According to Dealogic, as of June 4, 2010, 310 companies had announced plans to buy back as much as $173.3 billion worth of stocks in 2010. This compares to 253 companies planning $20.3 billion in buybacks at the same point in 2009.
During the first quarter of 2010, non-financial firms in the U.S. held $14.22 trillion in financial assets, according to the Federal Reserve. Cash and equivalents accounted for $1.84 trillion of that amount, the highest quarterly amount on record since 1957 and a 6% increase from a year earlier.
Companies may periodically initiate programs to buy back a certain portion of their shares outstanding. It’s usually done when a firm has a build-up of cash that is not earmarked for reinvestment in the business. Announcements of buyback plans have reportedly been on the rise of late, possibly because managers are waiting to see more strength in the economy before making acquisitions, beginning new projects, expanding staff, or raising dividends. However, share buybacks can also be an attempt by management to mask other activities, such as option issuance dilution, or to boost earnings per share in order to meet forecasts.
When a company announces a stock buyback plan, it does not require the firm to fulfill the plan. Normally, the plan specifies a share or dollar amount maximum, which may or may not be reached. Also a repurchase program could be announced and then not followed through on at all. During the recent economic downturn, many companies suspended previously announced buyback plans.
When shares are repurchased, they can be retired by the company, in which case the number of shares outstanding is decreased and earnings per share is increased (however, net income is unaffected). However, companies may also use repurchased shares to fund employee option and benefit plans or in the acquisition of other firms.
What can an investor gain by tracking share repurchase activity?
When looking at buyback activity for the market as a whole, statistics on activity rising or falling can signal confidence (or a lack thereof) in the future prospects for the overall economy since companies are willing to spend a portion of their “financial cushion”—their cash reserves. It also typically means that executives think their company’s stock is attractively priced.
For individual stocks, whether a share repurchase program can be viewed as a positive sign depends on why it is being initiated as well as on the underlying health of the company. Some investors seek out firms that have recently announced buyback plans because they believe the stock price will rise, but this is typically a short-term result.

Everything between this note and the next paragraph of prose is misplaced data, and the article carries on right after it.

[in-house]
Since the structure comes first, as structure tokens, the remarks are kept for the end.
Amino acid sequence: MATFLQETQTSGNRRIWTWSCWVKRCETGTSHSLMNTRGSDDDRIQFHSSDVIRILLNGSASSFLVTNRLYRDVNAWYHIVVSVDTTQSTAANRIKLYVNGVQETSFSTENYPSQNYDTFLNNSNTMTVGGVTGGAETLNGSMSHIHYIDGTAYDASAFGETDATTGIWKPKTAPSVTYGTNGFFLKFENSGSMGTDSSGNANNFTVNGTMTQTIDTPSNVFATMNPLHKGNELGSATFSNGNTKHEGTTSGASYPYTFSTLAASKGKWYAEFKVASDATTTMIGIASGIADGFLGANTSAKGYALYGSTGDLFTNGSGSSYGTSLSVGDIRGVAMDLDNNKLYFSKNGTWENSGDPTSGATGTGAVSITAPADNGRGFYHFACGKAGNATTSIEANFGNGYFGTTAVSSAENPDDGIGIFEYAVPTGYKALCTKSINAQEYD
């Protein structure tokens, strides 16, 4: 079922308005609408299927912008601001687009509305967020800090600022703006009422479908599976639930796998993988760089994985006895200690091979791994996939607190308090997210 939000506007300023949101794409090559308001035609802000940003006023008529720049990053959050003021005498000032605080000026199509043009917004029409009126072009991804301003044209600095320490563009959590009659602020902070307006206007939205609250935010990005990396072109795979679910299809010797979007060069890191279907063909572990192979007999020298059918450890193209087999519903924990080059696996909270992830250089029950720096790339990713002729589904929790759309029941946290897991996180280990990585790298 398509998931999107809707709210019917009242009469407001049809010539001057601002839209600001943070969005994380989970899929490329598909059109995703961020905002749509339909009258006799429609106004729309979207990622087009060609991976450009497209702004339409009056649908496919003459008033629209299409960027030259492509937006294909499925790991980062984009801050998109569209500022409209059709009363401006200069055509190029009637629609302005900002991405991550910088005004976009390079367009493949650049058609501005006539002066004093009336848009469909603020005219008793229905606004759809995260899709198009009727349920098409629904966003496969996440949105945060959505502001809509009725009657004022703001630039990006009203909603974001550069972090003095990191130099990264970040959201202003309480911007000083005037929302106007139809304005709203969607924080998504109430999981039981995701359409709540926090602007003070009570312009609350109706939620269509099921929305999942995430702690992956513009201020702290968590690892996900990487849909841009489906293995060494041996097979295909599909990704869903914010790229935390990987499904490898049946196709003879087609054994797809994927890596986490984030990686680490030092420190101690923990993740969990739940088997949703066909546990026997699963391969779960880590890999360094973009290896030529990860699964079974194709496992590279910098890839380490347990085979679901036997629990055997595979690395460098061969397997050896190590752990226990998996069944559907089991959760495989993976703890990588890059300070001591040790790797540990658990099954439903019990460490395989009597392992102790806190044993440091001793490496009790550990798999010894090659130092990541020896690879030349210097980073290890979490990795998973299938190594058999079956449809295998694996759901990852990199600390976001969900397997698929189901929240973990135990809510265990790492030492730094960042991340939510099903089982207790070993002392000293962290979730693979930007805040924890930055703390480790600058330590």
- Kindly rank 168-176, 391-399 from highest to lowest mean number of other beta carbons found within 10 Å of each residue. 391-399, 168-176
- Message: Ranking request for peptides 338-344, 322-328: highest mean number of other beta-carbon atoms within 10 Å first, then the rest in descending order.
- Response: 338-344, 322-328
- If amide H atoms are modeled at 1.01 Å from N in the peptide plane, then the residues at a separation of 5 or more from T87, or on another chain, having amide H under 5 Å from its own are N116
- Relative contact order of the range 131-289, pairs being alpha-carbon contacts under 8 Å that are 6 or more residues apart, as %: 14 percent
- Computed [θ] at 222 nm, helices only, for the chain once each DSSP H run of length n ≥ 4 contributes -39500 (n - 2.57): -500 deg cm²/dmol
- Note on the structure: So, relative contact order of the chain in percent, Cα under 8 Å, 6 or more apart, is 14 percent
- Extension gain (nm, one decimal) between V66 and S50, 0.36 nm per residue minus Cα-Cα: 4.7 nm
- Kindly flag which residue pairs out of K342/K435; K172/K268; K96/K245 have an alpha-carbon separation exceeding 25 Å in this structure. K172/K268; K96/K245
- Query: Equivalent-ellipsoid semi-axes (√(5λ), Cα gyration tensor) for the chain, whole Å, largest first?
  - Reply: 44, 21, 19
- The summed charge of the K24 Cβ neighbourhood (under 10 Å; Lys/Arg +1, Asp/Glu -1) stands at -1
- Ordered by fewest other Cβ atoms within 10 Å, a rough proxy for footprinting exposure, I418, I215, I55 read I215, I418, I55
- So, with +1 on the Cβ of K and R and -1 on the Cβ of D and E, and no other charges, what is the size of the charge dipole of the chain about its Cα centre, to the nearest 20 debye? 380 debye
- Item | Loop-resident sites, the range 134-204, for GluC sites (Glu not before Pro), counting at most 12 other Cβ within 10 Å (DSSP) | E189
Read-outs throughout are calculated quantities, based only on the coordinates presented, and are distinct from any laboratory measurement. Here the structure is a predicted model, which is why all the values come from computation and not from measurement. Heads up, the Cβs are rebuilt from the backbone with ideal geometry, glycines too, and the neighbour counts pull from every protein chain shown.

This is a monthly online investment advisory newsletter published by Forbes. Fried developed a buyback formula that he combines with a value investing approach to issue buy, sell, and hold recommendations.
The service tracks the major corporate buyback announcements, but focuses on only those firms that actually buy back a significant number of their shares. Recommendations are based on analysis of company fundamentals. Requirements include the potential to double in price in two to four years, a good business story, good management and a current buyback program already underway.
Portfolios offered include the 10-Stock Buyback Income Index, 20-Stock Buyback Index, High-Tech Sector, Health and Bio-Tech, and 5-Stock Buyback Dogs.
E-mail notices are sent when each new issue of the newsletter is available. In addition, weekly e-mail hotlines are sent out with trading instructions for all portfolios.
For more active traders, Fried offers the Buyback Letter Premium Edition. It reports on a Buyback Premium Portfolio that consists of only the five buyback stocks that are outperforming currently.
A subscription to David Fried’s Buyback Letter costs $24.95 per month or $195 per year. The Buyback Letter Premium Edition is $79 per month or $699 per year.
The Online Investor provides data on corporate announcements, including a list by date of recently announced stock repurchase programs, accessed by clicking on Buybacks from the home page.
Listed by date of announcement, with the most recent announcements first, the plan information for each stock includes company name and ticker, the number of shares or total dollar amount of the buyback plan, and length of the plan and whether it involves a prior buyback plan. Several months of announcements are available in the archives.
This is an exchange-traded fund that tracks the Buyback Achievers Index, which is administered by indxis (www.indxis.com) and published on the Amex exchange under the ticker DRB. The index consists of domestic, exchange-listed companies that have repurchased 5% or more of their outstanding shares for the trailing 12 months.
To view the current holdings of the PowerShares Buyback Achievers ETF, go to the PowerShares website and type the ticker symbol PKW into the search box. Next to Links, click on Fund holdings to see a complete list of the stocks in the ETF. The list can be downloaded into a spreadsheet.
S&P’s quarterly press releases summarize buyback activity in stocks that make up the S&P 500 index. The total dollar amount of repurchases and the percentage increase or decrease from the previous quarter are presented, with interpretation from S&P analysts. Repurchase activity among sector groups is also commented on.
StreetInsider.com is a financial news analysis service that focuses on market-moving events. Searching on the term “buybacks” brings up a page with the latest news on buyback activity in the market and individual company buyback announcements. An archive of news on share repurchase plans goes back more than one year. You can subscribe to an RSS feed to receive updates on the buyback page. Members subscribing to the premium content for $29 per month can sign up to receive e-mail alerts on stock buyback news.